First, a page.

Credit: Eng Kiat Tan / Haque Design + Research

Credit: Haque Design + Research

Credit: Eng Kiat Tan / Haque Design + Research

More information at:

D-tower, Doetinchem

D-tower is a 12 m tall tower designed by artist Q.S. Serafijn and architect Lars Spuybroek / NOX, and is located in the city of Doetinchem, Netherlands, mapping the emotions of the inhabitants. By combining network relationships with a performative sculpture, the project locates itself as both a prefabricated epoxy sculpture in the city and a performative entity affected by the inhabitants.


How it performs:
The tower changes the lights according to emotions reflected from the D-tower website, ( On the website there is a questionnaire, where the inhabitants can respond to respectively love, hate, happiness and fear, determining the intensities of their feelings. Each evening the tower transmits the colours as “the State of the Town” assuming the most intensely emotions as a large interactive system of relationships.

Personal messages can be placed in a capsule underneath the tower as well as the tower will present a prize to the address in the city that scores the highest level of emotions.


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Foto: Henk Vlasblom

Hotel Habitat, Barcelona

Hotel Habitat is a hotel by Enric Ruiz Geli, Max Zinnecker with James Clar with its most significant characteristic as a 3.000 m2 stainless steel mesh as a tensegrity structure offsetted from the concrete structure and glass facade.
The design concept is presented as ´your room in a tree´, where each leaf on the steel mesh consists of one photovoltaic cell, a battery, CPU and a RGB LED which creates an artificial light cloud around the hotel.

How it performs:
The ‘energy mesh’ has individual nodes with photosensors that collect the sun’s energy during the day and at night gives off a specific color according to the amount of energy collected reflected in an ´energy diagram´. The mesh consists of 500 tri-color LEDs controlled by a PIC microprocessor making the skin a thermometer as a ´performance architecture´; an architecture of particles.
There is no central computer controlling the light, but the appearence is reflected in the overall expression of the performance of each individual particle.

More information at:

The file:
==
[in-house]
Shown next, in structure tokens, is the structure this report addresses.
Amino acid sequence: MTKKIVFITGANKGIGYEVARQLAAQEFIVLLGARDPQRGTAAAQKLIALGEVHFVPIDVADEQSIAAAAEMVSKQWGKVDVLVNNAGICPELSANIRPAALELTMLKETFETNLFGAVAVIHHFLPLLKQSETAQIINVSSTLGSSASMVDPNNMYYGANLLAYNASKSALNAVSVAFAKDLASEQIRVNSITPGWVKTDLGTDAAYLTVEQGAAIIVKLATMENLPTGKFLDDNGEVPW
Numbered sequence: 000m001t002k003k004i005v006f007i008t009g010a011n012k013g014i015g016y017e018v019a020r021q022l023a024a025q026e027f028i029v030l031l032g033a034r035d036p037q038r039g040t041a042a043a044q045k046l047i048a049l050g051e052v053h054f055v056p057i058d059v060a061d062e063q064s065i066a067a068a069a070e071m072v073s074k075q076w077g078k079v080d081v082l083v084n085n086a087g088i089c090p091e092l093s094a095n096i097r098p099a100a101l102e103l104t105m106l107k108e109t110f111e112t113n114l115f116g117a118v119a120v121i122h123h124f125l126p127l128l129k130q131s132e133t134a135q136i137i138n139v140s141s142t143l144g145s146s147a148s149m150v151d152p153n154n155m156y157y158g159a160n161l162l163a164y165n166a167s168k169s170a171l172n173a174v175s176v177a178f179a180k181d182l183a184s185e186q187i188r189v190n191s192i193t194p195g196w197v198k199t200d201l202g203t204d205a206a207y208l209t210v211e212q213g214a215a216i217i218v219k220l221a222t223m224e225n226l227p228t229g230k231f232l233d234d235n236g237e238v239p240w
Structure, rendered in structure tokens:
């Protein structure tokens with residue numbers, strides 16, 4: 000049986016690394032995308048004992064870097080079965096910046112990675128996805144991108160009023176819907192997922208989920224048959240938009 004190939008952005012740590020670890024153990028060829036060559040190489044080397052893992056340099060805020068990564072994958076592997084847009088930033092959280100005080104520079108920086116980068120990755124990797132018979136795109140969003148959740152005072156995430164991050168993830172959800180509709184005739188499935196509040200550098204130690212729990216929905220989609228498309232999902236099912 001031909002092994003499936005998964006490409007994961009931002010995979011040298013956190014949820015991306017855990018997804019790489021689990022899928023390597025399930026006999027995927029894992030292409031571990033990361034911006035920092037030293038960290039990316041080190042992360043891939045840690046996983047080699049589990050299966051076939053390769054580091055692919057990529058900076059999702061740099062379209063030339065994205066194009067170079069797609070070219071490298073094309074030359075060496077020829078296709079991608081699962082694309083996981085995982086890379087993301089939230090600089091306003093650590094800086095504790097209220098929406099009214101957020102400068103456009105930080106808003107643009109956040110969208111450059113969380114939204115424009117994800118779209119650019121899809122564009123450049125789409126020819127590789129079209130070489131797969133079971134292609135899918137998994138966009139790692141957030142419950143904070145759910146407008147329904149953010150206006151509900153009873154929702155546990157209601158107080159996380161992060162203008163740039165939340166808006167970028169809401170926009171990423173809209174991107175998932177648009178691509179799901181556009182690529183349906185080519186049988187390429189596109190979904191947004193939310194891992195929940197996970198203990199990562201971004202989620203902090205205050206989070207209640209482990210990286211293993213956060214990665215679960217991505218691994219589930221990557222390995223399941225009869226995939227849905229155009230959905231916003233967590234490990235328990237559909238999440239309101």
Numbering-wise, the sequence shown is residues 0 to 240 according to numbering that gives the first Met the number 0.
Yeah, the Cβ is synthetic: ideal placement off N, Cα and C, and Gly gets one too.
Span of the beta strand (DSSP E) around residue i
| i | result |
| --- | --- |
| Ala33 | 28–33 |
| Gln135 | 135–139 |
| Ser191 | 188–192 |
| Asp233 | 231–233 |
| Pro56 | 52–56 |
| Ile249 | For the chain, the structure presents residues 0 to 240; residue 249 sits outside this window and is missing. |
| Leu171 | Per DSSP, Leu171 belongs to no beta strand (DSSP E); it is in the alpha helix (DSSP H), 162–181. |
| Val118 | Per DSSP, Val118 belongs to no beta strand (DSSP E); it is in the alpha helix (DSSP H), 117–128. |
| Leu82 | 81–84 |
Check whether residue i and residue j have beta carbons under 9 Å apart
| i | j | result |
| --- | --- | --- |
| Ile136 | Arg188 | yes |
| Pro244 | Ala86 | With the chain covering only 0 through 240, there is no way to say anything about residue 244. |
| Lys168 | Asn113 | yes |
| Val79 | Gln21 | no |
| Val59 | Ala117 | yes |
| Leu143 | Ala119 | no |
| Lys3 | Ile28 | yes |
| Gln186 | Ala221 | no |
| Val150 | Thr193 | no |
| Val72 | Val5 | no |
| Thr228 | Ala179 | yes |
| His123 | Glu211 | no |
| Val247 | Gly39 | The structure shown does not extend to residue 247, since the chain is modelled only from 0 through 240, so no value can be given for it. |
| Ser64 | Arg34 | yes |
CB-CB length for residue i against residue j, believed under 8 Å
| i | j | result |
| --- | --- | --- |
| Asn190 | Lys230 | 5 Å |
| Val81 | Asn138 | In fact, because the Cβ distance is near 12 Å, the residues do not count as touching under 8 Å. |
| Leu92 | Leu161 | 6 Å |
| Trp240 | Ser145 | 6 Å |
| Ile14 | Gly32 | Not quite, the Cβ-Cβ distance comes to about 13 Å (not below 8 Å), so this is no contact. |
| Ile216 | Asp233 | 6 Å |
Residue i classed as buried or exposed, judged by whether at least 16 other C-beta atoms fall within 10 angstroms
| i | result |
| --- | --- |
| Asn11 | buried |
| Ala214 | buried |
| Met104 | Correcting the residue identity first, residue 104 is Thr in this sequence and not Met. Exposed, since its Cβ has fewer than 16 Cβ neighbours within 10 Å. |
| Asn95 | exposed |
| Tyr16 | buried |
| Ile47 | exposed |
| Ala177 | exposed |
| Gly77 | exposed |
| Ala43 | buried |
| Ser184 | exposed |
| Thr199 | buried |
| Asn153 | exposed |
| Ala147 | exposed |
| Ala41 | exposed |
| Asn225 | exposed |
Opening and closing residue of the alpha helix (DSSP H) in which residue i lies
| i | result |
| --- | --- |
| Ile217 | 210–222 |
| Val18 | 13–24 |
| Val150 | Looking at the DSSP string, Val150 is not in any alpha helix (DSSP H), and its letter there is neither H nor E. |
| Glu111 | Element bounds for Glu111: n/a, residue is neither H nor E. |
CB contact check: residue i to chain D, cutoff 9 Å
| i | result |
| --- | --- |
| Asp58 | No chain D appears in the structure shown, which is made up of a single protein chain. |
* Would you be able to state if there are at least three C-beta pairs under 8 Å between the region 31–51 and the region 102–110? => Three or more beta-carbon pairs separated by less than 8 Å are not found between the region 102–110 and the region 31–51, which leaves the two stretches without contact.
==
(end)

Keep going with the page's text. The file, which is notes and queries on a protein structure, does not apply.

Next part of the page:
Hotel Habitat 2

Hotel Habitat 1

Model images by James Clar

Tunnel of Light – Nydalen, Metro Station, Oslo

The Metro Station, Nydalen, in Oslo, contains an interactive installation located in the tunnel at the 30 sec. ride with the escalators connecting the ground level and trains. The metro station is designed by architect Kristin Jarmund, and the Intravision System developed the interactive installations.

How it performs:

The sound and light system consisting of 1600 CCL light tubes and 44 loudspeakers variate the light and sound patterns depending on the flow of people to and from the trains creating a 30 sec break from the daily routine.

More info at Intravision or at Notam02.



Images by Bo Stjerne Thomsen

NoRA – Nordic Research Application

The NoRA structure designed by students of Architecture & Design, Aalborg University, was presented at the Venice Architecture Biennale as an interactive architecture exploring how advanced architectural computing and sensor technology could attach the individual perception of place to temporary structures acting as agents for urban experiences. Architectural entities often closing up communication with the urban environment were questioned in a media architecture where the ‘capsules’ of urbanism contains a particular quality.

NoRA - night 1 

How it performs:

The structure is able to be disassembled and moved to other locations as research platform, exhibitions and show kitchen. The satelites located around the building are tracking the flow activity using infrared cameras and translate this signal into a variating light and sound scheme. During performances the building sound, light and cameras can be controlled by the performers and the activities recorded to database and the internet.
See the project data and process.
Read paper describing the project. 

NoRA - dayNoRA - satelite 

NoRA - plan, section

All illustrations prepared by the NoRA Design Team.